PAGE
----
Banks, Multicultural Education
By Allison Cumming-McCann
Multicultural education is more than just teaching about "heroes and holidays" (Lee et al., 1998). It goes beyond teaching tolerance of differences, and it is much deeper than studying or celebrating Black History Month in February. So, what is multicultural education? To answer the question, we must first understand the goals, definitions, and a predominant model of multicultural education (Banks, 1998). Although I am not an adult basic educator, multicultural education as it is studied, conceptualized, and practiced in K-12 and higher education is applicable to adult basic education as well. In the next sections, I review the goals of multicultural education and provide a theoretical framework for implementing multicultural education into adult basic education programs.
Defining Multicultural Education
If you were to ask educators to define what multicultural education is, you would be unlikely to receive the same answer twice. The responses would range from adding new and diverse materials and perspectives to existing curricula to discussions of teaching styles and pedagogical approaches that meet the needs of traditionally underrepresented groups. Others might talk about education as a part of a larger, oppressive system, and explain that multicultural education must work to deconstruct this system. While multicultural education can be conceptualized in many different ways, some of the leaders in the field (for example: Banks, 1997; Nieto, 1996, 1999; Sleeter, 1996; Sleeter & Grant, 1994), define the goals and ideals of multicultural education similarly.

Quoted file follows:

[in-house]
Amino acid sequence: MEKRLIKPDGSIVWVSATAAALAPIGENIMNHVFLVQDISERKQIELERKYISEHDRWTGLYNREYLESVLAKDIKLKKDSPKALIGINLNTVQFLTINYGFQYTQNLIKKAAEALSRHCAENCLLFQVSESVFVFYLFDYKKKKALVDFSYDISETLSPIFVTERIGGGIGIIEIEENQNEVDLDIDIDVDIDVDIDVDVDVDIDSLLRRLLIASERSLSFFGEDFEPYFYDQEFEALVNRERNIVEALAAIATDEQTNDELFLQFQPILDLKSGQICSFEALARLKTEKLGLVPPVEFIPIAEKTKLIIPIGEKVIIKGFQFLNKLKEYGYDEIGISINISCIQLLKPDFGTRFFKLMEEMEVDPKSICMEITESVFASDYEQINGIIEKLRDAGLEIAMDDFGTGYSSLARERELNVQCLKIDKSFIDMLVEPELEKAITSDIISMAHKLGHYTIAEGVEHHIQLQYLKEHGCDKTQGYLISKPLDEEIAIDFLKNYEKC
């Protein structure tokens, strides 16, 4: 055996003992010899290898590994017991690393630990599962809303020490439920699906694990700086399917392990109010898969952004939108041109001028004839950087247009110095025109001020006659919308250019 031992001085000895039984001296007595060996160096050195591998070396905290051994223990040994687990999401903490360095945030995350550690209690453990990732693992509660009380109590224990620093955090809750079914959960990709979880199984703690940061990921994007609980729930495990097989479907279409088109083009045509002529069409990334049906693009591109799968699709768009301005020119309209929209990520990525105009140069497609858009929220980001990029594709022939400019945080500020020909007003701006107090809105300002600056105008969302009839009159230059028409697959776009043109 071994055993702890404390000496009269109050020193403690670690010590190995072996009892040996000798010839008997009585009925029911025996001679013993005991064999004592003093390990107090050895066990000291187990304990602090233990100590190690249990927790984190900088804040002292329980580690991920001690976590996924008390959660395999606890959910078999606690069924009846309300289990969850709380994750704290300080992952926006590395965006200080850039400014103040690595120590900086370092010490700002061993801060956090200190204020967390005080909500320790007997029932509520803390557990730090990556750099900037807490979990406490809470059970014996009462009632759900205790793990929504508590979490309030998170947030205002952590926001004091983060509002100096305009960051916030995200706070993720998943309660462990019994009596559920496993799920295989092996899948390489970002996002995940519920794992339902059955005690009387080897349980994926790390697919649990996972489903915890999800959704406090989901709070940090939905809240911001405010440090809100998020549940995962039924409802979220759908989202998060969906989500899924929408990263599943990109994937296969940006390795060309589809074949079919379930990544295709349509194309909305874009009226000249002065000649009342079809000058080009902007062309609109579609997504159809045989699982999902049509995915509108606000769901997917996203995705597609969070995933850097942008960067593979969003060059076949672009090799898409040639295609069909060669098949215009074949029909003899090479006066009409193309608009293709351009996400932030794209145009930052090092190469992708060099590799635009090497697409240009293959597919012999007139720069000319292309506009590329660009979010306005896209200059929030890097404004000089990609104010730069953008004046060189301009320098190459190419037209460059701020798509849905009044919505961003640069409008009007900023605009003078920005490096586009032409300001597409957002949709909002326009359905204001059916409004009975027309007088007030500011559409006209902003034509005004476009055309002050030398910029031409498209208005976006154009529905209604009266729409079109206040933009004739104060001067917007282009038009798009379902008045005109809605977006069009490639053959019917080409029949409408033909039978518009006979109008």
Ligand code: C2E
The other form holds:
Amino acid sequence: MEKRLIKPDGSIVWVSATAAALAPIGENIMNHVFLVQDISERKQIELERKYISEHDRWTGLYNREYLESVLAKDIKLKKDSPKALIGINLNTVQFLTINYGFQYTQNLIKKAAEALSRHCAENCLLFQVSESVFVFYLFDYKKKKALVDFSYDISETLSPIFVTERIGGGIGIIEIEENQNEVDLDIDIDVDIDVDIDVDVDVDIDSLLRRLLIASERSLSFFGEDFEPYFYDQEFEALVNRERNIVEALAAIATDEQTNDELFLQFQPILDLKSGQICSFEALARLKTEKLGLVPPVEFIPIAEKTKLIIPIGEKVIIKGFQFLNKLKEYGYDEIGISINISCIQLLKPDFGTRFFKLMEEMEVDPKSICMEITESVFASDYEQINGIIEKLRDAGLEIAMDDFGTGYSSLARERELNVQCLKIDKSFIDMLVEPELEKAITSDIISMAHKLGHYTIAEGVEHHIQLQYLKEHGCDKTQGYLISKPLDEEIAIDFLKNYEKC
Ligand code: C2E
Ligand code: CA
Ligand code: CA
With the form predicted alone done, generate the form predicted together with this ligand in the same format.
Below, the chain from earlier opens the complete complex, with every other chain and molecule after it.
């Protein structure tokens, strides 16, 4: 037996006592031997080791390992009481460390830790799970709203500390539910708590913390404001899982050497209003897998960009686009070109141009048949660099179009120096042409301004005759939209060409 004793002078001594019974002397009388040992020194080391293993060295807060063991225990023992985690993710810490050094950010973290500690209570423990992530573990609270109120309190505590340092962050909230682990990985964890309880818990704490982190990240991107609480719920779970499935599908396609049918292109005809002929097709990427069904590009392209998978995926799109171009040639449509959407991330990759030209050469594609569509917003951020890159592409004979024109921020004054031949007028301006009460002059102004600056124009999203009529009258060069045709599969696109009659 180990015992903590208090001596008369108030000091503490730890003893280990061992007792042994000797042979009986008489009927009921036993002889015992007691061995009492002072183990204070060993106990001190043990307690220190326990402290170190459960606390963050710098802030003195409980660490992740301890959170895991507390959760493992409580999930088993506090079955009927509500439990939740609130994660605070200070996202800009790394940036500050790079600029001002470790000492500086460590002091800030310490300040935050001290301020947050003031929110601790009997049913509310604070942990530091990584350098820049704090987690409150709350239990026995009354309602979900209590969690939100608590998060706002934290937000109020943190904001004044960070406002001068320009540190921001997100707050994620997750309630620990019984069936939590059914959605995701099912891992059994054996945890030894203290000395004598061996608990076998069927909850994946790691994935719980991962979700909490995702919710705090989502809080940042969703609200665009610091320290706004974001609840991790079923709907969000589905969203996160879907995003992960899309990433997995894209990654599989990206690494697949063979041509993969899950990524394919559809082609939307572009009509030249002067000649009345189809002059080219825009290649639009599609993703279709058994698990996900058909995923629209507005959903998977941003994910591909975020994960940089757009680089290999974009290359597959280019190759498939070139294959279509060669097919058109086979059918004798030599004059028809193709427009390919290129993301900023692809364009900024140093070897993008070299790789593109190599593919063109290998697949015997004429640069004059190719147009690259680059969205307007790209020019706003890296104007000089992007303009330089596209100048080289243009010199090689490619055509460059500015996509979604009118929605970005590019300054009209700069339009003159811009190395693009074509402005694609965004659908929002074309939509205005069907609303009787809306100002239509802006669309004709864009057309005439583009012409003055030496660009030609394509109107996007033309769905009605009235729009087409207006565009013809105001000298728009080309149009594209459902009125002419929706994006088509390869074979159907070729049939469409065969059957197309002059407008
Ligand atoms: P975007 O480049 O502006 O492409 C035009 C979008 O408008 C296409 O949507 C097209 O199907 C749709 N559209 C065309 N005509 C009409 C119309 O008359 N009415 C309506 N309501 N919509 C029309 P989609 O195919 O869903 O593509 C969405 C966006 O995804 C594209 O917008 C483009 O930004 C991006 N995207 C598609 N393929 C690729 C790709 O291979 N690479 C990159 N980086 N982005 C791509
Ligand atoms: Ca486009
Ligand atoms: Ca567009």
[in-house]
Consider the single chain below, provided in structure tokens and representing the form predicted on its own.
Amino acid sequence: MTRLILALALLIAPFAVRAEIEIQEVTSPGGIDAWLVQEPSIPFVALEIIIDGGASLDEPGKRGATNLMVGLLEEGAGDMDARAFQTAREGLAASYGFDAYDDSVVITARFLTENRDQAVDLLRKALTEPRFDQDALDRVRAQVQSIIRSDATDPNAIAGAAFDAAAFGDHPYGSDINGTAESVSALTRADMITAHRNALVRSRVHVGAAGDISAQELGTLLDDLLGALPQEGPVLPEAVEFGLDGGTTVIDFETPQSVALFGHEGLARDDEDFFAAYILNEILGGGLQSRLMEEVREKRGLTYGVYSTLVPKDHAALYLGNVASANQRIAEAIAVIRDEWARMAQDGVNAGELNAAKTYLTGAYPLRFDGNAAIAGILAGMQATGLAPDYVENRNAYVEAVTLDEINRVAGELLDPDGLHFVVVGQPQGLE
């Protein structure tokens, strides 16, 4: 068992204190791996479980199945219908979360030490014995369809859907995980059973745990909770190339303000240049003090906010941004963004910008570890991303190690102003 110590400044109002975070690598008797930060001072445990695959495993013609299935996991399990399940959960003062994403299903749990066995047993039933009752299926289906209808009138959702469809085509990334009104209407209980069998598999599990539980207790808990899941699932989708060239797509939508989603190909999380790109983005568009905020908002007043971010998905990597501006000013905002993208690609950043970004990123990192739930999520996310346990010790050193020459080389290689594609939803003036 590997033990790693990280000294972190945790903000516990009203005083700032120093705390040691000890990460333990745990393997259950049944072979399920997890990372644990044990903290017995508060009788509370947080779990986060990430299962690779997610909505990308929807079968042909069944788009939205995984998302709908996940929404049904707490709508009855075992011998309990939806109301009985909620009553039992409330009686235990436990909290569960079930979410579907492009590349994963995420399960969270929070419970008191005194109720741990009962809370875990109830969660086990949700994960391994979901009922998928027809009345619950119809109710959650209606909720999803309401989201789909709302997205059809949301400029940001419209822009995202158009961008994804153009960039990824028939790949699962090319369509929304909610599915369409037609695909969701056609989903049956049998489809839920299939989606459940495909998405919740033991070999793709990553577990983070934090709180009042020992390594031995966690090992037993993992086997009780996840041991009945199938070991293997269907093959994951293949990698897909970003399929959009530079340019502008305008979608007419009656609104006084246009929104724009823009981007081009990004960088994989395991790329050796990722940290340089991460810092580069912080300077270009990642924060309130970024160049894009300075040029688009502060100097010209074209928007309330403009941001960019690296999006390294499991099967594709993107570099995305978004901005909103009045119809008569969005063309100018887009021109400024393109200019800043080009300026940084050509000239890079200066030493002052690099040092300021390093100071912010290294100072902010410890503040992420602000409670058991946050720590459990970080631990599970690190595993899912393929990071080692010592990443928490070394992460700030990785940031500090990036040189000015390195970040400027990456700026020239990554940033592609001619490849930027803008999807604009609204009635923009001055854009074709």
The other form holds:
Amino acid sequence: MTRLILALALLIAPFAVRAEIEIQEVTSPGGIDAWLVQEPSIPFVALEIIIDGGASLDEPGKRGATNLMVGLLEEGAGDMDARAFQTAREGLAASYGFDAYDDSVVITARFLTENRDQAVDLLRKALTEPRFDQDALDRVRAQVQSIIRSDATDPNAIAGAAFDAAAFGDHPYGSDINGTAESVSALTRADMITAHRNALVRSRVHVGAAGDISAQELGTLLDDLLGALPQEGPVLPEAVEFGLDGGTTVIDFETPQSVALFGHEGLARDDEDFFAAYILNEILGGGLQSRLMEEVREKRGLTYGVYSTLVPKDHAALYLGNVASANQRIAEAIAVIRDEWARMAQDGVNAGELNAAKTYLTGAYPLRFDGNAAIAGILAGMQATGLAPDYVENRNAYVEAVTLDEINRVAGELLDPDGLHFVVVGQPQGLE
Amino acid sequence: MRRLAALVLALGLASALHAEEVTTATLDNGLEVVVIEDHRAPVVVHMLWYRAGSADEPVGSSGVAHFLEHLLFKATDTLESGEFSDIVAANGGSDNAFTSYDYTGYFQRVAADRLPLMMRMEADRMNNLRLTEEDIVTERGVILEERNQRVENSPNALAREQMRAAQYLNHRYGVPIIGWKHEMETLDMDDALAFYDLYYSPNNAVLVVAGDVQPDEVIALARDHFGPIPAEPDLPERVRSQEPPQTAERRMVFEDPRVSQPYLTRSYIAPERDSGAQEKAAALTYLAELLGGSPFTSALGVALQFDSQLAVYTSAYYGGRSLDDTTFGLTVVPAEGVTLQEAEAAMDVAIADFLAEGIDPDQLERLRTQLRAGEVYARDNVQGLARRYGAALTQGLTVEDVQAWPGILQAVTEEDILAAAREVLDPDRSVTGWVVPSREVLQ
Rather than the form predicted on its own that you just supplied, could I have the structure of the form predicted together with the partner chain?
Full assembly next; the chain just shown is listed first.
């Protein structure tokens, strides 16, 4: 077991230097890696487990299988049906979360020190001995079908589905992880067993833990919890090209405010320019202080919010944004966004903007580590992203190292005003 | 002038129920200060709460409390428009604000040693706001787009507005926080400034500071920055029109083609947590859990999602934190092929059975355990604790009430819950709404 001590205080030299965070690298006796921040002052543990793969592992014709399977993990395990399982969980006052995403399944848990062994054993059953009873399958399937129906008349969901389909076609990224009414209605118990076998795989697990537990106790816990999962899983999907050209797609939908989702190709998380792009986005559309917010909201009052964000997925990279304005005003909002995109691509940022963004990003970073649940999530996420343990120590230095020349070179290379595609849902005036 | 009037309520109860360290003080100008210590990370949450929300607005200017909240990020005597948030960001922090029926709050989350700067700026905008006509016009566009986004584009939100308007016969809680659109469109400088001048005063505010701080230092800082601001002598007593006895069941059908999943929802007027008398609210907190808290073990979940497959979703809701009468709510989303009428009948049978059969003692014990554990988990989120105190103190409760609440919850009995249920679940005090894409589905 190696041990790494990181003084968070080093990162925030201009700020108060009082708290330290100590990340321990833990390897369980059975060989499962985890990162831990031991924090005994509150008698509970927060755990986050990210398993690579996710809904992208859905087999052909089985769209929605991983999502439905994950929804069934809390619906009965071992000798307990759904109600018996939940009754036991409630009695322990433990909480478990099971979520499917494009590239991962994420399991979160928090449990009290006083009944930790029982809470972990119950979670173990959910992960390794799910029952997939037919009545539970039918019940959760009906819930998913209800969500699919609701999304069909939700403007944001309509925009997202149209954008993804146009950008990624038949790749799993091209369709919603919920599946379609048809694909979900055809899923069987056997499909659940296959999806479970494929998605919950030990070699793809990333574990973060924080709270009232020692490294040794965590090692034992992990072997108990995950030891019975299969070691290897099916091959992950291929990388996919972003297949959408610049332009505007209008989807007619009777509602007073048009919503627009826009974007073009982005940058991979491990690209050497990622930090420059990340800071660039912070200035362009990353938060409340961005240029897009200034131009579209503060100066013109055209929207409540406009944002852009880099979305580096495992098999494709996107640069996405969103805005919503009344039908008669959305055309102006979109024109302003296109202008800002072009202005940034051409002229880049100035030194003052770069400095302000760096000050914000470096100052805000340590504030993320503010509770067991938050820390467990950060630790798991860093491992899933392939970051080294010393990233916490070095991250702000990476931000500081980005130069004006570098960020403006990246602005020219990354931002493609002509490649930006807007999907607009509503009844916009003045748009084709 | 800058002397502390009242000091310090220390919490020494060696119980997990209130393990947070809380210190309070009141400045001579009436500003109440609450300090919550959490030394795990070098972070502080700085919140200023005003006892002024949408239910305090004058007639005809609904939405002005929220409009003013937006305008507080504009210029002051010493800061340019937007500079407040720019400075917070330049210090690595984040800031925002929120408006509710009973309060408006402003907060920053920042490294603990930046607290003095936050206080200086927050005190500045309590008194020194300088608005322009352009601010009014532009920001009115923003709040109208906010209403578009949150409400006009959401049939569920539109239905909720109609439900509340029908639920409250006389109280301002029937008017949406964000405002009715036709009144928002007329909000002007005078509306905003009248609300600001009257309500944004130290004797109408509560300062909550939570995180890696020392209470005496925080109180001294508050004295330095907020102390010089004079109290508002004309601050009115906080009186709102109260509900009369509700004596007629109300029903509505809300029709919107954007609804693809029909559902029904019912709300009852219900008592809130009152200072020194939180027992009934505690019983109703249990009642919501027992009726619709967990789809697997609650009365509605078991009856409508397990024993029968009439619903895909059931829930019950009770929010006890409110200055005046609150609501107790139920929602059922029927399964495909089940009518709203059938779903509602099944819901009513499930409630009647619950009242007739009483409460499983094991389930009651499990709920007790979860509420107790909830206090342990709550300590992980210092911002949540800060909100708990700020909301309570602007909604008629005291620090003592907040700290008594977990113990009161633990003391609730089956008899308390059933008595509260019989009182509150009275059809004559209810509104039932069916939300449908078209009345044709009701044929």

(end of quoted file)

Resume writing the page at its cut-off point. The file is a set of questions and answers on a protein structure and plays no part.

The primary goal of multicultural education is not merely to promote human relations, to help students feel good about themselves, or to preserve students' native languages and cultures. While these outcomes may be by-products, the primary goal of multicultural education is to promote the education and achievement of all students, particularly those who are traditionally dismissed and underserved in our education system (see box below). Sonia Nieto (1996) defines multicultural education as antiracist basic education for all students that permeates all areas of schooling, characterized by a commitment to social justice and critical approaches to learning. Furthermore, multicultural education challenges and rejects racism and other forms of discrimination in schools and society. It accepts and affirms differences in race, ethnicity, religion, language, economics, sexual orientation, gender, and other differences that students, communities, and teachers encompass. It should permeate the curriculum and instructional strategies used in schools, as well as interactions among teachers, students, and families in school and outside of it (Nieto, 1999).